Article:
The streaming giant is “doubling down” on the mobile experience and has developed a new video compression technique that relies on artificial intelligence to make the video encoding process more sophisticated so it reduces the bit rate as much as possible without diminishing picture quality.
The company’s VP of product innovation Todd Yellin said it will reduce buffering and is about getting “more bang for our bits”.
Traditionally, online video is compressed in a uniform manner for a particular connection speed. This means that a highly compressed video for a low bandwidth connection can turn out to be grainy or pixelated.
Netflix is calling it Dynamic Optimiser and will begin to introduce it “in a couple of months,” Mr Yellin said while demonstrating the technology for journalists gathered at the Netflix House, a villa overlooking Barcelona hired by the company for the Mobile World Congress.
“Whatever the best picture we can give you with whatever your bit rate is, that’s what we’re going for,” he said. “An HD picture for a lot less.”
Domino’s moves online ordering from AWS to Azure
Domino’s Pizza is counting down the days until its core online ordering system starts taking pizza orders on a new Azure platform-as-a-service environment in Australia.
The retailer recently made the decision to take the OneDigital system out from AWS globally and shift it onto the Microsoft cloud technology.
Domino’s has used Amazon Web Services as its hosting partner for all its critical systems for around the last four years. It has a small number of systems – like Exchange, which it is currently moving to Office 365 – housed in a server room in Brisbane.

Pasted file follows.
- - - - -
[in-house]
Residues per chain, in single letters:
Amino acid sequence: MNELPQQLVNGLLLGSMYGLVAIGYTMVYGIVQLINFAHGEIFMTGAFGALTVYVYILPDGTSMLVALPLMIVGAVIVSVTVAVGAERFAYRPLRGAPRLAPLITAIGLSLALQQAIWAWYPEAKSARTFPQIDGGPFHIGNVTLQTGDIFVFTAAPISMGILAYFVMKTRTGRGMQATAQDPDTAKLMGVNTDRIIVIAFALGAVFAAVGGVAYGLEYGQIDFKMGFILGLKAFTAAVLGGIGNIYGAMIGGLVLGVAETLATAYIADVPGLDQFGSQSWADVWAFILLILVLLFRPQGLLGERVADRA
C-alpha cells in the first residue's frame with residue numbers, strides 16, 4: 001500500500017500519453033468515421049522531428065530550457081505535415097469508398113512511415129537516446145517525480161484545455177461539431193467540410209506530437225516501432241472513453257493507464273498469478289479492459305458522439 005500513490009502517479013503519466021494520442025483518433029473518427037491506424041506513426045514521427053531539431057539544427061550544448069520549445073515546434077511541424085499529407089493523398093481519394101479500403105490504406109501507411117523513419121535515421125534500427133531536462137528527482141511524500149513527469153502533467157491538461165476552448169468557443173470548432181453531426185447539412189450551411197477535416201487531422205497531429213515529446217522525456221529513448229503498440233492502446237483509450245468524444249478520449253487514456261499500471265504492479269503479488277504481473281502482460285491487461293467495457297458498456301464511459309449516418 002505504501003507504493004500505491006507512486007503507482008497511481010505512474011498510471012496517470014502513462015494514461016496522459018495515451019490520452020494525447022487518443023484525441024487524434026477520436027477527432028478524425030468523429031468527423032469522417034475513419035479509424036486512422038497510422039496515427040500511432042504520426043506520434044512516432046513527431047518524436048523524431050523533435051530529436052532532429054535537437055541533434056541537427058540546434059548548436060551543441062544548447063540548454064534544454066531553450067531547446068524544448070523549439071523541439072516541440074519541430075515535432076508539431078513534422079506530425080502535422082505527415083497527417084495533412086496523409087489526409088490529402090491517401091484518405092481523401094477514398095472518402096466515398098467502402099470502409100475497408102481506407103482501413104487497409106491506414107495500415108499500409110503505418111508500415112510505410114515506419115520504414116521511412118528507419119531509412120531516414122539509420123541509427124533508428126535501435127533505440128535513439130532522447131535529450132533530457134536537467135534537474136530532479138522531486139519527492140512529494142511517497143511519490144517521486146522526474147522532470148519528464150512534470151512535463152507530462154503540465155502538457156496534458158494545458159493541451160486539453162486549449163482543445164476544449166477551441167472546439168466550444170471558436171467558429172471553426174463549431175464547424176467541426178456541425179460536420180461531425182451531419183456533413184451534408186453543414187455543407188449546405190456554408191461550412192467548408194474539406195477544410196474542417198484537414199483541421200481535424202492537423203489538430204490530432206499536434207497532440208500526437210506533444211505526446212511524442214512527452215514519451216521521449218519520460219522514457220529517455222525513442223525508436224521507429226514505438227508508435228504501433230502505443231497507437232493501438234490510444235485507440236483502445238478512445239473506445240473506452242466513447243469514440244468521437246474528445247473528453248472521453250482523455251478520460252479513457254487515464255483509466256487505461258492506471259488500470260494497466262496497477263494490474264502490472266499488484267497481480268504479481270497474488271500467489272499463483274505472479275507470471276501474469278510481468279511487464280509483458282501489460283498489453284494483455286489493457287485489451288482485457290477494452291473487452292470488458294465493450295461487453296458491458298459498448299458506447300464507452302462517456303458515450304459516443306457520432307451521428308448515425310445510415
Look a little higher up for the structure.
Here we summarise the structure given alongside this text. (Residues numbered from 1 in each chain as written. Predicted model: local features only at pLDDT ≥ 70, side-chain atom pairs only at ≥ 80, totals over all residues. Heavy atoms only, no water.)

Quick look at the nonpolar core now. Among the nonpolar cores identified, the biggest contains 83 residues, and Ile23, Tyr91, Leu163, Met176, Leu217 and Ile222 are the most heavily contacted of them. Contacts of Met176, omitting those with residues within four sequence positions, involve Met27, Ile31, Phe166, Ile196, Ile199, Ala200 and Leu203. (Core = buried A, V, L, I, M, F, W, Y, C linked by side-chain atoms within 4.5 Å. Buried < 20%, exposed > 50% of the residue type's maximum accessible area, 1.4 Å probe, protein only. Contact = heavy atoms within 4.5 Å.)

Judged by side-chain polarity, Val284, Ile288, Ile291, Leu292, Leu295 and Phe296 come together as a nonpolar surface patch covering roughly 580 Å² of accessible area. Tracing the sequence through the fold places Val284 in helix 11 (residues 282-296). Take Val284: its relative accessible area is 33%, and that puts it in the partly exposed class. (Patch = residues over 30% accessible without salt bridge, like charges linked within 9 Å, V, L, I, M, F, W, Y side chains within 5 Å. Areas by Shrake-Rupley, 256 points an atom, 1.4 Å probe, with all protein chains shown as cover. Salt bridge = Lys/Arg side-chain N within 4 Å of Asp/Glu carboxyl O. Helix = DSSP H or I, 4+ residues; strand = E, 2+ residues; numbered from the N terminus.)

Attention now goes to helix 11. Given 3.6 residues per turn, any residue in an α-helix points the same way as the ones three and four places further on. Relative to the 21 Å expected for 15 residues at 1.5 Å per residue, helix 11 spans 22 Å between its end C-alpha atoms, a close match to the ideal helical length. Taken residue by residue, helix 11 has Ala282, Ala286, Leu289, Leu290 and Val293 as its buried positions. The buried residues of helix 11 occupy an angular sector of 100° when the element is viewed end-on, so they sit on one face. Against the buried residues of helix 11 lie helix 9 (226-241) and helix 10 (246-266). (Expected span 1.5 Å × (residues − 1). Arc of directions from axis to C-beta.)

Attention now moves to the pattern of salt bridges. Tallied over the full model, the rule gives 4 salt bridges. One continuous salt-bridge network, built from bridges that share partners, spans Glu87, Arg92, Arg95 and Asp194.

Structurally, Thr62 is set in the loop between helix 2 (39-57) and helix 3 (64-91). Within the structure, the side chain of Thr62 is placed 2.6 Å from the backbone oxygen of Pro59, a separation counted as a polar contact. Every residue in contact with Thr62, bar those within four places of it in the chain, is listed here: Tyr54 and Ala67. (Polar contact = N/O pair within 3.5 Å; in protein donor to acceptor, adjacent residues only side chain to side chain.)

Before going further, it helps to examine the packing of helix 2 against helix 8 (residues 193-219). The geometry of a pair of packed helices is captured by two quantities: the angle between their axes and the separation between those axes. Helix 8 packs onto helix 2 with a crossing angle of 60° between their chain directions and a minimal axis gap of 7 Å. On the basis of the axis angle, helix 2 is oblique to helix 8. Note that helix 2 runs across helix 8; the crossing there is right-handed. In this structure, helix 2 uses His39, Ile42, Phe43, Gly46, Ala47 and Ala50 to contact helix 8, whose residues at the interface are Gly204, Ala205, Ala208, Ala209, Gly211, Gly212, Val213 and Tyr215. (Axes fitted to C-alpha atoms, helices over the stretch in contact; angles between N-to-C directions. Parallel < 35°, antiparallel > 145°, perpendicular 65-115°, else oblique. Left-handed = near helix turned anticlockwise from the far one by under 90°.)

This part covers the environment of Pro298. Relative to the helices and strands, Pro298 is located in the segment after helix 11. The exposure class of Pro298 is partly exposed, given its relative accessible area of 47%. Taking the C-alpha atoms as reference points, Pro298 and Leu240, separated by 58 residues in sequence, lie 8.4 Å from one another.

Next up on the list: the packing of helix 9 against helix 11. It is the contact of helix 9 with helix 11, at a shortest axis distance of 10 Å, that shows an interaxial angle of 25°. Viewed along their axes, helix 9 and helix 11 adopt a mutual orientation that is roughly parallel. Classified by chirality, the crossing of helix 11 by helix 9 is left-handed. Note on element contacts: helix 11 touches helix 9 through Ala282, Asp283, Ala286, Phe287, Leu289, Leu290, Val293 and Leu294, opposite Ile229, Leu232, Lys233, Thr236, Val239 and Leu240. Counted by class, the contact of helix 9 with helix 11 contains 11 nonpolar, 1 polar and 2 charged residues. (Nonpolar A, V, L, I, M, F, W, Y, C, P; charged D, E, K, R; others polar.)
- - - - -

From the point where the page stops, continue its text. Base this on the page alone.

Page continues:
While the majority of its core platforms will remain in AWS, late last year the pizza chain decided to move its .NET proprietary OneDigital platform into Microsoft Azure PaaS globally.
OneDigital is the online ordering platform that is used by all Domino’s markets across the globe to process orders.
Unlike Domino’s infrastructure-as-a-service environment with AWS, Azure PaaS offers the pizza chain support for the entire web application lifecycle via servers, storage, and networking alongside development, business intelligence, middleware, and database management tools, among others.
Each Domino’s region’s instance of OneDigital will be hosted centrally, but all instances across the globe will be able to process orders from any of Domino’s regional operations.
“If for instance an A/NZ order hit the closest instance [in the country] and it wasn’t available, it would go to the next closest available, and so on,” McMahon said.
However, the retailer will ensure orders in regions with privacy regulations will only be processed locally so as to avoid taking risks with customer privacy.